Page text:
A demon who takes the shape of a woman, stealing the vitality
of men during sleep. Old rabbinical writings relate the legend
of how Adam was visited over a period of 130 years by female
demons and had intercourse with demons, spirits,
specters, lemurs, and phantoms.
Another legend relates how under the reign of Roger, king
of Sicily, a young man was bathing by moonlight and thought
he saw someone drowning and hastened to the rescue. Having
drawn from the water a beautiful woman, he became enamored
of her, married her, and they had a child. Afterward she disappeared
mysteriously with her child, which made everyone believe
she was a succubus.
In the fifteenth century, the succubus and the male demon,
the counterpart incubus (which takes the form of a man, to seduce
women), were associated with witchcraft, and witches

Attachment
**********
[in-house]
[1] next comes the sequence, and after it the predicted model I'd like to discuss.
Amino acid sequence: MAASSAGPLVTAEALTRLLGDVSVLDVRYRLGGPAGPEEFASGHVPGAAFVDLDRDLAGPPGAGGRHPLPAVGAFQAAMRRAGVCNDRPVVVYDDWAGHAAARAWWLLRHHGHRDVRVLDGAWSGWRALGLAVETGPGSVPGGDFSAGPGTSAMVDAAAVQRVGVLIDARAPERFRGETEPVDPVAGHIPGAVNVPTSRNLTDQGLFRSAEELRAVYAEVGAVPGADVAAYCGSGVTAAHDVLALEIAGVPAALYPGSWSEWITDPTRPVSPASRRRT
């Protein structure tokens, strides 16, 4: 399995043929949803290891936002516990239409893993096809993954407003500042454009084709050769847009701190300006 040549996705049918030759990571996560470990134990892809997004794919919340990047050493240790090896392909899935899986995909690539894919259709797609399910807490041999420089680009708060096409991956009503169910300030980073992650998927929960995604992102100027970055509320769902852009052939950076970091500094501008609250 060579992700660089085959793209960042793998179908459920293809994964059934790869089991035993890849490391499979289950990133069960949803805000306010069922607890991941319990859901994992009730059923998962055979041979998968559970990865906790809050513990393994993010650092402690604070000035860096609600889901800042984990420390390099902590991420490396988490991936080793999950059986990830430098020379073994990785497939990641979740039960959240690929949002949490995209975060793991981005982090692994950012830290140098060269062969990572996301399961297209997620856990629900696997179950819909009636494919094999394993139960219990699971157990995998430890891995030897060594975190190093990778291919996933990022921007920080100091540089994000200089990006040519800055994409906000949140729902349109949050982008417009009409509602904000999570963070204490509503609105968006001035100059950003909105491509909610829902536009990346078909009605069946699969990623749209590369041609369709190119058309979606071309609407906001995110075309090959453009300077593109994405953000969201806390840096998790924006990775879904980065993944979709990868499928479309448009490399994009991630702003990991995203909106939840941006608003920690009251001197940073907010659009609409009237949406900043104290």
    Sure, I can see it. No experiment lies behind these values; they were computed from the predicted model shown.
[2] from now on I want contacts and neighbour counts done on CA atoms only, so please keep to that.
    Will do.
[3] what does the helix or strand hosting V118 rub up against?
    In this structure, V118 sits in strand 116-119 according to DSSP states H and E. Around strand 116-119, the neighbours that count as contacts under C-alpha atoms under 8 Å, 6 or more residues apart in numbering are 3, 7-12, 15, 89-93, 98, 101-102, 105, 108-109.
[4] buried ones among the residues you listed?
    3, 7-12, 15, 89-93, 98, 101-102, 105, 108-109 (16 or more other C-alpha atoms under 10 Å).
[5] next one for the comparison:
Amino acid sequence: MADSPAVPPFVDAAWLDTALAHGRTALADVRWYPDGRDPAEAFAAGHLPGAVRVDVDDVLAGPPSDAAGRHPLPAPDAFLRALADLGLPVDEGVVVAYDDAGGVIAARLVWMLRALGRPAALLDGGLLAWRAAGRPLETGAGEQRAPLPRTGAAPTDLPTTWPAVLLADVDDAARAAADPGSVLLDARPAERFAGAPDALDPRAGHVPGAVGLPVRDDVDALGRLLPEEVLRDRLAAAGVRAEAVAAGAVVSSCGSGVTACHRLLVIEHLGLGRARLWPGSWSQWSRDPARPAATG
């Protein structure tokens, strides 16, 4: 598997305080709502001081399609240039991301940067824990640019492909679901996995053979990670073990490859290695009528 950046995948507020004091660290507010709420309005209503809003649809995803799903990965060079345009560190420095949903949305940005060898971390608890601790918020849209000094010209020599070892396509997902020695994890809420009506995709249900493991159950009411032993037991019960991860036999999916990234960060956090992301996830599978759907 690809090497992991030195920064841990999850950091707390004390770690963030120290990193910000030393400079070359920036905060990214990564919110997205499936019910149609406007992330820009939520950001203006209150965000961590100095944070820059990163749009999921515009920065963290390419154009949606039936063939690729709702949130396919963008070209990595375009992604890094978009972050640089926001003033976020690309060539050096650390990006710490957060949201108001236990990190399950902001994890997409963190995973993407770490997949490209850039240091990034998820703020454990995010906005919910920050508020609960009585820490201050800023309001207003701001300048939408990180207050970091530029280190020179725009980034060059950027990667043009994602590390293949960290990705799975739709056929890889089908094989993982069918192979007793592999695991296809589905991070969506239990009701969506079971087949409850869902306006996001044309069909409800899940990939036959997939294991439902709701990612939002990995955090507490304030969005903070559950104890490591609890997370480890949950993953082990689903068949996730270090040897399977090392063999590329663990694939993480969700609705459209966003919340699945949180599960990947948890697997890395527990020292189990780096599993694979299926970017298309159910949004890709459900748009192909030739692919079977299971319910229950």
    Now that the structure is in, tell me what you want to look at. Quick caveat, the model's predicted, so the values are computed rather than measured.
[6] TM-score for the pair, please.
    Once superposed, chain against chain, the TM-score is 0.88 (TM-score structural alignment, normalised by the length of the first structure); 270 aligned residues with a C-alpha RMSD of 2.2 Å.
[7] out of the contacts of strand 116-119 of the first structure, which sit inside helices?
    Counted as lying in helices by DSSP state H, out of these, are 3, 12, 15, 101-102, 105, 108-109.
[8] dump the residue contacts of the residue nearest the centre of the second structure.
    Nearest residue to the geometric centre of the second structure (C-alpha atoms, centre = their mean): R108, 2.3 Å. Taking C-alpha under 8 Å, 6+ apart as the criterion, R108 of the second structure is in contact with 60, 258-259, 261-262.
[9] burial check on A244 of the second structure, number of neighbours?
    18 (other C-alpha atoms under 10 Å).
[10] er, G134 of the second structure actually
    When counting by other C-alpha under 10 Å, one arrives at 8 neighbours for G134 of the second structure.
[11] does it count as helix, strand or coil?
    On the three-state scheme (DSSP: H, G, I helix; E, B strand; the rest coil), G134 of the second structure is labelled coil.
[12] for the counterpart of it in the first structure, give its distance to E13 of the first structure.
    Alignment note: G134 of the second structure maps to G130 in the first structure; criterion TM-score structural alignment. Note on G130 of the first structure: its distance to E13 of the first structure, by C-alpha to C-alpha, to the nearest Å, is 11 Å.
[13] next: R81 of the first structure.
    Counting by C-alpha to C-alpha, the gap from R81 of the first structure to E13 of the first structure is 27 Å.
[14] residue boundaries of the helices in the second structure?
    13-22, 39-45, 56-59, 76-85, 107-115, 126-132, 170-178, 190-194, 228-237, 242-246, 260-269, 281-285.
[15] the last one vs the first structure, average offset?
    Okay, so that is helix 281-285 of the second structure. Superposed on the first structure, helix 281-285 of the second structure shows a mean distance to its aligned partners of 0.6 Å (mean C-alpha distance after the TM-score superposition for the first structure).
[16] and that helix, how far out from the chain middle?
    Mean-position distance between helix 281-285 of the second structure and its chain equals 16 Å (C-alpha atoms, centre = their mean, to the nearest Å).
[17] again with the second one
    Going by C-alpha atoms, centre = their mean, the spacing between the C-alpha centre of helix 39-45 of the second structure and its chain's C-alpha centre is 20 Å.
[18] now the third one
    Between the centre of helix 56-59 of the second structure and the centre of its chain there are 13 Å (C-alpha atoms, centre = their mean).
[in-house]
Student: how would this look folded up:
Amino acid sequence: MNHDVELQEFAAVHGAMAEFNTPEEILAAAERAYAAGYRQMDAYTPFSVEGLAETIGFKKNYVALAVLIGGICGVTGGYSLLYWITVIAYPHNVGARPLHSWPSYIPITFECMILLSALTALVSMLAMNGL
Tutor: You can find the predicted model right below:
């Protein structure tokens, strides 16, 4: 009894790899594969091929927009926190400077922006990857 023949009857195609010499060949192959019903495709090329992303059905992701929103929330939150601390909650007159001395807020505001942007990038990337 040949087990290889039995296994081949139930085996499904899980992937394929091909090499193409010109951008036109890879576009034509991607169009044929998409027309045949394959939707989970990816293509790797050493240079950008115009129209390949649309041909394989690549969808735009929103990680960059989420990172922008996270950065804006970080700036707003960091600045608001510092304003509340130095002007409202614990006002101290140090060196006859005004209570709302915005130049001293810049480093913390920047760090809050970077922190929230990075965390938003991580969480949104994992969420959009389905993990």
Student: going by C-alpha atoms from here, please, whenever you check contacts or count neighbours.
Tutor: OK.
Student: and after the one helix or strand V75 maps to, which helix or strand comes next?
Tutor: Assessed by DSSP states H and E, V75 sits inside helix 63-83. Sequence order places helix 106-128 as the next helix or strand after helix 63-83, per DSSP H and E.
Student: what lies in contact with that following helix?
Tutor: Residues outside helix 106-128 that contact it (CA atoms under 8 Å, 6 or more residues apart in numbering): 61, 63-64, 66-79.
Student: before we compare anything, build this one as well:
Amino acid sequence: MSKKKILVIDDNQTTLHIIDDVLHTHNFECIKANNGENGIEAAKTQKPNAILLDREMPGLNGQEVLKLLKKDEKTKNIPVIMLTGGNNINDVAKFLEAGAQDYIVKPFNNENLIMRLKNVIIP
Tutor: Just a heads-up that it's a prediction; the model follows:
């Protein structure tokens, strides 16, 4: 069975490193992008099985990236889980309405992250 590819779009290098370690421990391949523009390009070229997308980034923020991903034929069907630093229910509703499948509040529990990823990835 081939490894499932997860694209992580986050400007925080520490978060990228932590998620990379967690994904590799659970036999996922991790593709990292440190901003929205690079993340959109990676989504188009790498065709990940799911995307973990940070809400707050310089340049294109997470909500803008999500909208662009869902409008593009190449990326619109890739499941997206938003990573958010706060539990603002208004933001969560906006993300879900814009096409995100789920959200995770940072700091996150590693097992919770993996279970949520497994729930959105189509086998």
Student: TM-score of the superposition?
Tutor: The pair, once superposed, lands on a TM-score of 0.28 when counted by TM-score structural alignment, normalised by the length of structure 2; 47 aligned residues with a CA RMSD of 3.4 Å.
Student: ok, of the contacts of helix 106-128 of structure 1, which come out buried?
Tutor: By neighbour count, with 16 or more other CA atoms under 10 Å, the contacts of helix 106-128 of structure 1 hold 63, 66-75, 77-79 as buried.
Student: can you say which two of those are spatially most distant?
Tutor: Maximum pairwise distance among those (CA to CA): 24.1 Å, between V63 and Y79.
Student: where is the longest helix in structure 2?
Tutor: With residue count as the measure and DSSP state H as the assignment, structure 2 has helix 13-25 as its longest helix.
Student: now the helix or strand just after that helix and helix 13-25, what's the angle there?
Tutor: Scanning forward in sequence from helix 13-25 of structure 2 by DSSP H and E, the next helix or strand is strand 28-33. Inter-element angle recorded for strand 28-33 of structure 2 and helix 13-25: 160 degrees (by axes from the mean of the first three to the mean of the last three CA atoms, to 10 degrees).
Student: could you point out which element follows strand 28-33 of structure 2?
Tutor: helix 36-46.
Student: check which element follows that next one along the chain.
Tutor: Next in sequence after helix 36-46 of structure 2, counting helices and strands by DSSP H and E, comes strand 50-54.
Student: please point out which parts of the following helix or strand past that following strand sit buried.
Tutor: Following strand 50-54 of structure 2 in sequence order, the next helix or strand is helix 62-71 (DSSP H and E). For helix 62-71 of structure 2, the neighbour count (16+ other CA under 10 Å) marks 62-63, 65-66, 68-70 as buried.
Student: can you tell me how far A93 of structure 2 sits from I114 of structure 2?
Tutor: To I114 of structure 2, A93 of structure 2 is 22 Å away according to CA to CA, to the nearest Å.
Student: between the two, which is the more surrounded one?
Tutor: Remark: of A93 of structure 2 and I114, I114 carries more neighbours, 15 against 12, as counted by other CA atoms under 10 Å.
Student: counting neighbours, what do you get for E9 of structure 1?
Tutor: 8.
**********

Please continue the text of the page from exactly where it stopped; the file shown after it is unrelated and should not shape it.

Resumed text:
were assumed to have intercourse with demons. The historian
Hector Boece (1465–1536), in his history of Scotland, related
that a very handsome young man was pursued by a female
demon, who would pass through his closed door and offer to
marry him. He complained to his bishop, who enjoined him to
fast, pray, and confess, and as a result the infernal visitor ceased
to trouble him.
The witchcraft judge Pierre de Lancre (1553–1631) stated
that in Egypt an honest blacksmith was occupied in forging
during the night when a demon in the shape of a beautiful
woman appeared to him. He threw a hot iron in the face of the
demon, which at once took flight.
The succubus was generally believed to appear most frequently
during sleep, especially in nightmares. Roman Catholic
theologian Thomas Aquinas argued for the objective existence
of the incubussuccubus and believed that such
intercourse could lead to the pregnancy of a woman. Twentieth-century
psychology tends to see such creatures as dream
symbols of repressed sexual feelings.
Jones, Ernest. On the Nightmare. New York Liveright, 1951.
Melton, J. Gordon. The Vampire Book The Encyclopedia of the
Undead. 2nd edition. Detroit Visible Ink Press, 1999.
Robbins, Rossell Hope. The Encyclopedia of Witchcraft and Demonology.
New York Crown Publishers, 1959.